Immanuel Kant (1724–1804) wrote a number of essays touching on the topics of war and peace. This entry covers his most famous work on peace, Zum ewigen Frieden: Ein philosophischer Entwurf(Toward Eternal Peace: A Philosophical Outline), often translated as “Toward Perpetual Peace,” first published in 1795. Some speculate that Kant was moved to write his essay because of the Peace of Basel, which included a peace treaty between France and Prussia on April 5, 1795, that allowed France to annex much of the Rhineland and proposed calling for a pan-European peace conference. In reaction to the principles of the treaty and hopeful of a more peaceful political climate, Kant may have been moved to publish his ideas for achieving lasting peace. Kant offered his essay to his publisher in August 1795.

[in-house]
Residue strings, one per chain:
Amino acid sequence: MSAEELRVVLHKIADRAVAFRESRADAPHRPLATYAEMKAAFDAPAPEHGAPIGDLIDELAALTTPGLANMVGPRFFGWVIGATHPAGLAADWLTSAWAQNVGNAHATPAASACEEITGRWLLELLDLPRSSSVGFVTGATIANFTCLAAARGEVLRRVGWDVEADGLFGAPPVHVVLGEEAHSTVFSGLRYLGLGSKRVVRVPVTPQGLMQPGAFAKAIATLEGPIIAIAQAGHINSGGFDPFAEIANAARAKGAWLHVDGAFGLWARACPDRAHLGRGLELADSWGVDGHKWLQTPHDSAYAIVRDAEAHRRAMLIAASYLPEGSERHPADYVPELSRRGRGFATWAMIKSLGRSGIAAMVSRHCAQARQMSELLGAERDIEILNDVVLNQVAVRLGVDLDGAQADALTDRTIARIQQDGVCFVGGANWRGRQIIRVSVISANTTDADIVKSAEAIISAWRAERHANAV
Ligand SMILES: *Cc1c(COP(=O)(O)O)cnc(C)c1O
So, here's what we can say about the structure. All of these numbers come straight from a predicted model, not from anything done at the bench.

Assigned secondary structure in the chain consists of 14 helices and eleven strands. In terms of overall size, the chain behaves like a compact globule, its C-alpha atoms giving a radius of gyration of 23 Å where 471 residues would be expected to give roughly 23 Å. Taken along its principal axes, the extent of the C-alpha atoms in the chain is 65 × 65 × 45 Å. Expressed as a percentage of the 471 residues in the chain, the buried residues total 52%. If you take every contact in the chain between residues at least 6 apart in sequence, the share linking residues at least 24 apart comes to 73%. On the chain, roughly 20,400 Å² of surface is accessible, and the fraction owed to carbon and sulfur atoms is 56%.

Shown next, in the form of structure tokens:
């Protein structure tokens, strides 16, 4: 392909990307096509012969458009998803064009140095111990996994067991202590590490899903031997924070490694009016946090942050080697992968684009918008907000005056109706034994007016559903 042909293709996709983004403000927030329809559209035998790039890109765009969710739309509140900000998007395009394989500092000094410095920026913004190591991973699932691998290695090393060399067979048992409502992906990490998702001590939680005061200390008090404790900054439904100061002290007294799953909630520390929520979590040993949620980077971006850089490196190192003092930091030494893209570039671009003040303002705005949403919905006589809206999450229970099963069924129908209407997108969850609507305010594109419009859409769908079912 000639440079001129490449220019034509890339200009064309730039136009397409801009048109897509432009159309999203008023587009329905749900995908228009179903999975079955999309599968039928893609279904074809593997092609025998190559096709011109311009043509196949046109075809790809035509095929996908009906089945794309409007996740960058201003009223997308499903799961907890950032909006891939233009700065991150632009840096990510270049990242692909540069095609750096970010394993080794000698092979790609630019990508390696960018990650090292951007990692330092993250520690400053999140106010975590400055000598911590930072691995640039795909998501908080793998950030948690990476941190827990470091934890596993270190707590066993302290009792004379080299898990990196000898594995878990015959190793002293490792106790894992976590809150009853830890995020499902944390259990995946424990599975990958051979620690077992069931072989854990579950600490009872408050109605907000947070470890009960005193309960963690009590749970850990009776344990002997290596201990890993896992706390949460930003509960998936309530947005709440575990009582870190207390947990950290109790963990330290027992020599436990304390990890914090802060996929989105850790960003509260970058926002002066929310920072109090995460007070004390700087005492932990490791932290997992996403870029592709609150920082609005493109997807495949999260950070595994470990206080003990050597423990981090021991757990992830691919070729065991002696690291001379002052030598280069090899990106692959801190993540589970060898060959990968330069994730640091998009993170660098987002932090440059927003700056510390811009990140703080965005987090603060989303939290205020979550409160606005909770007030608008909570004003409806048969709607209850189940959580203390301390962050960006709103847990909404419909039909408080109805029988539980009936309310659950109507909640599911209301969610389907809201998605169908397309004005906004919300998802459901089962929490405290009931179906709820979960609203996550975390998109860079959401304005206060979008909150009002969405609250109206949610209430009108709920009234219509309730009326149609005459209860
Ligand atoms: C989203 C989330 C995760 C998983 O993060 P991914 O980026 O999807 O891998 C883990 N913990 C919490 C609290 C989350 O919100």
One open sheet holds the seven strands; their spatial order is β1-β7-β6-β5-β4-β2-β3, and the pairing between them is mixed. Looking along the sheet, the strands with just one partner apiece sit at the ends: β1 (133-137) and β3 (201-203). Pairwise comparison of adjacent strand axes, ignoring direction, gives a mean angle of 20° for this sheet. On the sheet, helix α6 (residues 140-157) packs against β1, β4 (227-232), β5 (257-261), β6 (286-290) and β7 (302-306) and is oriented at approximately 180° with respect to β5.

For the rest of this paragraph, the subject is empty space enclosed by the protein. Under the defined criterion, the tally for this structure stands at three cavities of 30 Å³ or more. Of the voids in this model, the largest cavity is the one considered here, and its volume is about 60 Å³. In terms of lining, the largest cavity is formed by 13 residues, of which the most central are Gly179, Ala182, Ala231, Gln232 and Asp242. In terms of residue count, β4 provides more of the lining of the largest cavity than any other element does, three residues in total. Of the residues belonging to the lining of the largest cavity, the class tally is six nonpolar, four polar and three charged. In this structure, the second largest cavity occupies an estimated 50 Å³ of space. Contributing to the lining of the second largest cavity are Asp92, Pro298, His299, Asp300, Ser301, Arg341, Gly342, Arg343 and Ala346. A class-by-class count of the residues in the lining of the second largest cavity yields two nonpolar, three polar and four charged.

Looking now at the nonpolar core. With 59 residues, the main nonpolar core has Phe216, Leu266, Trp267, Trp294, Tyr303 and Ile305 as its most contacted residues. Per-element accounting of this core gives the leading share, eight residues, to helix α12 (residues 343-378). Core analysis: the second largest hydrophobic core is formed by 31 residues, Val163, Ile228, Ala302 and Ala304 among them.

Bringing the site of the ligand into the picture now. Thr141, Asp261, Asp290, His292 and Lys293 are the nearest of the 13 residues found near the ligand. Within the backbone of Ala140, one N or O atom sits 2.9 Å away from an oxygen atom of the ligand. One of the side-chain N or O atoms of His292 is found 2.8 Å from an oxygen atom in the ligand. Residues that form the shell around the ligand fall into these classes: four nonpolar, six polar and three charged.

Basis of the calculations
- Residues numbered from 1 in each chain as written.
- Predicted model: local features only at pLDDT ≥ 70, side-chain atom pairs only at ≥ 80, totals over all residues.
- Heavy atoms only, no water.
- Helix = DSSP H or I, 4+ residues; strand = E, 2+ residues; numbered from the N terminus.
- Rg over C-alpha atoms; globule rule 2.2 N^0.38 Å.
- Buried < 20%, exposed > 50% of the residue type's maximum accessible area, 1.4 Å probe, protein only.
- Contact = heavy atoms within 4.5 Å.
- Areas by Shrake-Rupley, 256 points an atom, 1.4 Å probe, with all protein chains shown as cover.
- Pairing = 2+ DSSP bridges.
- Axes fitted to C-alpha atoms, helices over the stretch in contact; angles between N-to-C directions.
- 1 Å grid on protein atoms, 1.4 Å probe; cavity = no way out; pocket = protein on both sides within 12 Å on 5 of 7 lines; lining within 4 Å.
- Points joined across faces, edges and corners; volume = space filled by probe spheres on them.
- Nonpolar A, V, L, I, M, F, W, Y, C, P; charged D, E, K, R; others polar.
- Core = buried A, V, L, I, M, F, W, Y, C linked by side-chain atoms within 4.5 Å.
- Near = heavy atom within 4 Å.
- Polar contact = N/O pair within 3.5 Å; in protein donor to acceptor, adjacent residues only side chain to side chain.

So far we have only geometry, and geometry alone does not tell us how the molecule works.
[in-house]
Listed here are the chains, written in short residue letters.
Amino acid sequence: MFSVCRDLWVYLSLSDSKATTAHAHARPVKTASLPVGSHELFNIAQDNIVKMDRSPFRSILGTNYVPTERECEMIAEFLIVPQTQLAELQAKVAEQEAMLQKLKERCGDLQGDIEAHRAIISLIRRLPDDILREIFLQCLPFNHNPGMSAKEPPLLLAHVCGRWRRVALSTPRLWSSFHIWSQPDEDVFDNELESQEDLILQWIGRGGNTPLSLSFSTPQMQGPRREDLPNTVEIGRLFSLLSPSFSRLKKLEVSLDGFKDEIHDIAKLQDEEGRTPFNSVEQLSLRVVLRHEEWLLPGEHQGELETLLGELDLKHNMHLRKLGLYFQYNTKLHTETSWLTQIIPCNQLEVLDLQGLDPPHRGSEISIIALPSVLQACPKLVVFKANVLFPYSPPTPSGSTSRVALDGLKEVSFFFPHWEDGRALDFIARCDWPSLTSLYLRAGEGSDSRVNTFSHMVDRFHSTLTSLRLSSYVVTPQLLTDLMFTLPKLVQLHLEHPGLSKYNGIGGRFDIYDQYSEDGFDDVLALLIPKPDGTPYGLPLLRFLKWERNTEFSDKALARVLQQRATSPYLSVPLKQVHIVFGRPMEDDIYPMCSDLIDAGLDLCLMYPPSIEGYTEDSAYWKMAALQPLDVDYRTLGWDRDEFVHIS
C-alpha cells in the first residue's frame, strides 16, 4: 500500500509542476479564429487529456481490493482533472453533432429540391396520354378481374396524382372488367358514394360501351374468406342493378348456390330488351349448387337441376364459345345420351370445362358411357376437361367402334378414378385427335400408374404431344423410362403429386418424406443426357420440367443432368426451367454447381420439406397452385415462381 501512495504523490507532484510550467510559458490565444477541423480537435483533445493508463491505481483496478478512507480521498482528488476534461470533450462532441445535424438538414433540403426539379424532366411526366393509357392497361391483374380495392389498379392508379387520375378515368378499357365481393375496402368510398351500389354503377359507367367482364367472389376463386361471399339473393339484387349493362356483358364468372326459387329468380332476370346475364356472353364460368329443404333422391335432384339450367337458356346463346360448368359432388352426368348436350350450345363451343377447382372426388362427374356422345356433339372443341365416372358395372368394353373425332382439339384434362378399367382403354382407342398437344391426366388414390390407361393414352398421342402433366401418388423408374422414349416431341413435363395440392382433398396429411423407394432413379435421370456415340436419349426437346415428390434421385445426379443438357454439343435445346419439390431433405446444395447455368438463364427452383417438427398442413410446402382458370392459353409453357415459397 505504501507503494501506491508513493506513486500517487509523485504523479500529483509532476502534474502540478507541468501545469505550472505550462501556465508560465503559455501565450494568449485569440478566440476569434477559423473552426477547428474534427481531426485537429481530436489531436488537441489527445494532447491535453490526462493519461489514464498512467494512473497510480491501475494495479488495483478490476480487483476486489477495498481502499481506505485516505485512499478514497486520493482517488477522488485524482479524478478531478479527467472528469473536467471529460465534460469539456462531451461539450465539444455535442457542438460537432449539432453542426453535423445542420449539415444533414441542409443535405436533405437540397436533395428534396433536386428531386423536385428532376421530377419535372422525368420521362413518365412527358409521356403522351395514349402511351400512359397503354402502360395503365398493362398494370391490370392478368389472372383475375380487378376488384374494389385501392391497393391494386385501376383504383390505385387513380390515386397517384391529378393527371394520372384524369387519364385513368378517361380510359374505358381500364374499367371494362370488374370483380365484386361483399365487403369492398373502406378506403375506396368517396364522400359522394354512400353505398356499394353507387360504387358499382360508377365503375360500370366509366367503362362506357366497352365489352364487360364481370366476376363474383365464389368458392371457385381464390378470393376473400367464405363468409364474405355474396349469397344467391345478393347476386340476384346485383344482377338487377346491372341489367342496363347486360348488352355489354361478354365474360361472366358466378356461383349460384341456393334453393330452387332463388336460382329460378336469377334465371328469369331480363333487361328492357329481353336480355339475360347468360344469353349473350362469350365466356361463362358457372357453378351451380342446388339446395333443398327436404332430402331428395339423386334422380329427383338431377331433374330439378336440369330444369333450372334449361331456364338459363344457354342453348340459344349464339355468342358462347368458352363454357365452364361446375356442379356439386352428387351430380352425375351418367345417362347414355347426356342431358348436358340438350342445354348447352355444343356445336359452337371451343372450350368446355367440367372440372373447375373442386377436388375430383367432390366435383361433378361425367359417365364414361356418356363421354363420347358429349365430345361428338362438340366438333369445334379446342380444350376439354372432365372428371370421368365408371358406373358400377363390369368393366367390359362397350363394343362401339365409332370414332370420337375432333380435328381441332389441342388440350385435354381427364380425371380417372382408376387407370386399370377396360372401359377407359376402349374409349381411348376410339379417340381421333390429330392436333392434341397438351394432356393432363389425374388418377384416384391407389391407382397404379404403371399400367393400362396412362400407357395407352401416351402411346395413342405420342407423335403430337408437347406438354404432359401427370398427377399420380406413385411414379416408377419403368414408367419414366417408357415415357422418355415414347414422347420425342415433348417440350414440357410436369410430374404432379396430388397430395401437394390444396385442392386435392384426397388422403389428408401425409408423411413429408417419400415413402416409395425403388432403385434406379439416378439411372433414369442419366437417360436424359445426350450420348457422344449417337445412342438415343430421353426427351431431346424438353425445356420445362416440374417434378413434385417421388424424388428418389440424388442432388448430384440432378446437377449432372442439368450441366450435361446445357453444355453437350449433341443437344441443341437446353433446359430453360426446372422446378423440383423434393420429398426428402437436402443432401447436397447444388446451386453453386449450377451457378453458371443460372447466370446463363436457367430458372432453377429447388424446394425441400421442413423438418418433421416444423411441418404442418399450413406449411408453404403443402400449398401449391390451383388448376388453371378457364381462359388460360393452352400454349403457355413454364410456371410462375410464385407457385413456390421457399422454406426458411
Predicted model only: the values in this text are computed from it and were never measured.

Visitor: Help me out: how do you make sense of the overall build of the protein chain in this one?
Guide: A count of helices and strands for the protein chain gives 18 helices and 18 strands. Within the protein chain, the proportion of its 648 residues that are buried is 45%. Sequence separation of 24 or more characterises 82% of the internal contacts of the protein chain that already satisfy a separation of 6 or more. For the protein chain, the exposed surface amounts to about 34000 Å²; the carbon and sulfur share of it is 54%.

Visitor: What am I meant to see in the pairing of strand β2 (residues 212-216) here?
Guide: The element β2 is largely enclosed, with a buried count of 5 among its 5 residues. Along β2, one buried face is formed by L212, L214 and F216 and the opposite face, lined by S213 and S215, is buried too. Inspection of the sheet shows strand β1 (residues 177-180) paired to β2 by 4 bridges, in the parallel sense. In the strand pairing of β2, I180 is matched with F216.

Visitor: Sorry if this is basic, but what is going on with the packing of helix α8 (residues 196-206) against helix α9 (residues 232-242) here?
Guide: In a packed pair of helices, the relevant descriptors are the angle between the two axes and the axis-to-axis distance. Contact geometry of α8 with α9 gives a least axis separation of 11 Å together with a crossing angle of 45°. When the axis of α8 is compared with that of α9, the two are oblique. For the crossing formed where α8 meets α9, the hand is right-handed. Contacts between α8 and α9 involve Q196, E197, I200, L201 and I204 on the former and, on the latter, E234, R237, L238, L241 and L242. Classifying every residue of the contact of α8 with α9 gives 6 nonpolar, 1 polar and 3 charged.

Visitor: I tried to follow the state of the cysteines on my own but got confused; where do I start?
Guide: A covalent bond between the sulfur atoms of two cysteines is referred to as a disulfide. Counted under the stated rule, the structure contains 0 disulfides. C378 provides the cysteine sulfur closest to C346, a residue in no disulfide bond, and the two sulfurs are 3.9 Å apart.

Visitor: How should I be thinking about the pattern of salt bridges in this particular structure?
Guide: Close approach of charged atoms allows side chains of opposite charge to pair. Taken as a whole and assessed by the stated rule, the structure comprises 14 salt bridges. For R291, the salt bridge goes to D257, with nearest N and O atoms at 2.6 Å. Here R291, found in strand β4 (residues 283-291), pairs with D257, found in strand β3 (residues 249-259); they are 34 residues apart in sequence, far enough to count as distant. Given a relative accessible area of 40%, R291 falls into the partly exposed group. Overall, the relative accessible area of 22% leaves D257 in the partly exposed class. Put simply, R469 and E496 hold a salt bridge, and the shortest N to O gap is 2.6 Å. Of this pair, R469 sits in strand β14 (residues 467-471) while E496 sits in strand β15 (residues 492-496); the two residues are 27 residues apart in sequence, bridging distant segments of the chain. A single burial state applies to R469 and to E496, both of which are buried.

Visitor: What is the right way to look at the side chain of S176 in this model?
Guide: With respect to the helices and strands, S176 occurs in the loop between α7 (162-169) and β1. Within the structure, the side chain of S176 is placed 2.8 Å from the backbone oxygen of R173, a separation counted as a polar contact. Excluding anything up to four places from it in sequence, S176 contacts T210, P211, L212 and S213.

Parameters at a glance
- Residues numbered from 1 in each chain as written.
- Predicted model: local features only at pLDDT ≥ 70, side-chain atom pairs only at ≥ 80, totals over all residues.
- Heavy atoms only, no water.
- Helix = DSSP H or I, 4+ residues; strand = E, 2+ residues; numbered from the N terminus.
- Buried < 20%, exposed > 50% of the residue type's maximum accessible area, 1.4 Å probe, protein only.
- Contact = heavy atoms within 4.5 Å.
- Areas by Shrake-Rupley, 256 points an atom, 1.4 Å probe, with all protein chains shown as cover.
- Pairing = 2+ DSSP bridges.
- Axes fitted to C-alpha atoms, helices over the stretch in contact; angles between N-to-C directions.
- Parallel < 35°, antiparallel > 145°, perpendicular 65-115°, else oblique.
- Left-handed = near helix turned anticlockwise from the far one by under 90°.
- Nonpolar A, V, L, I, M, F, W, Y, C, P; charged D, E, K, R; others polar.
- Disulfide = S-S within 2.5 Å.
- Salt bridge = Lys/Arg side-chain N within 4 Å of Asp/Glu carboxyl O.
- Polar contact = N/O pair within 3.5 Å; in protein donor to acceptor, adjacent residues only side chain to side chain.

Kant’s is the most sophisticated peace plan to come out of the Enlightenment. It is clear from Kant’s Lectures on Ethics and his later essays relating to war and peace that he was familiar with...
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Scheid, D.E. (2011). Perpetual Peace: Kant. In: Chatterjee, D.K. (eds) Encyclopedia of Global Justice. Springer, Dordrecht. https://doi.org/10.1007/978-1-4020-9160-5_763
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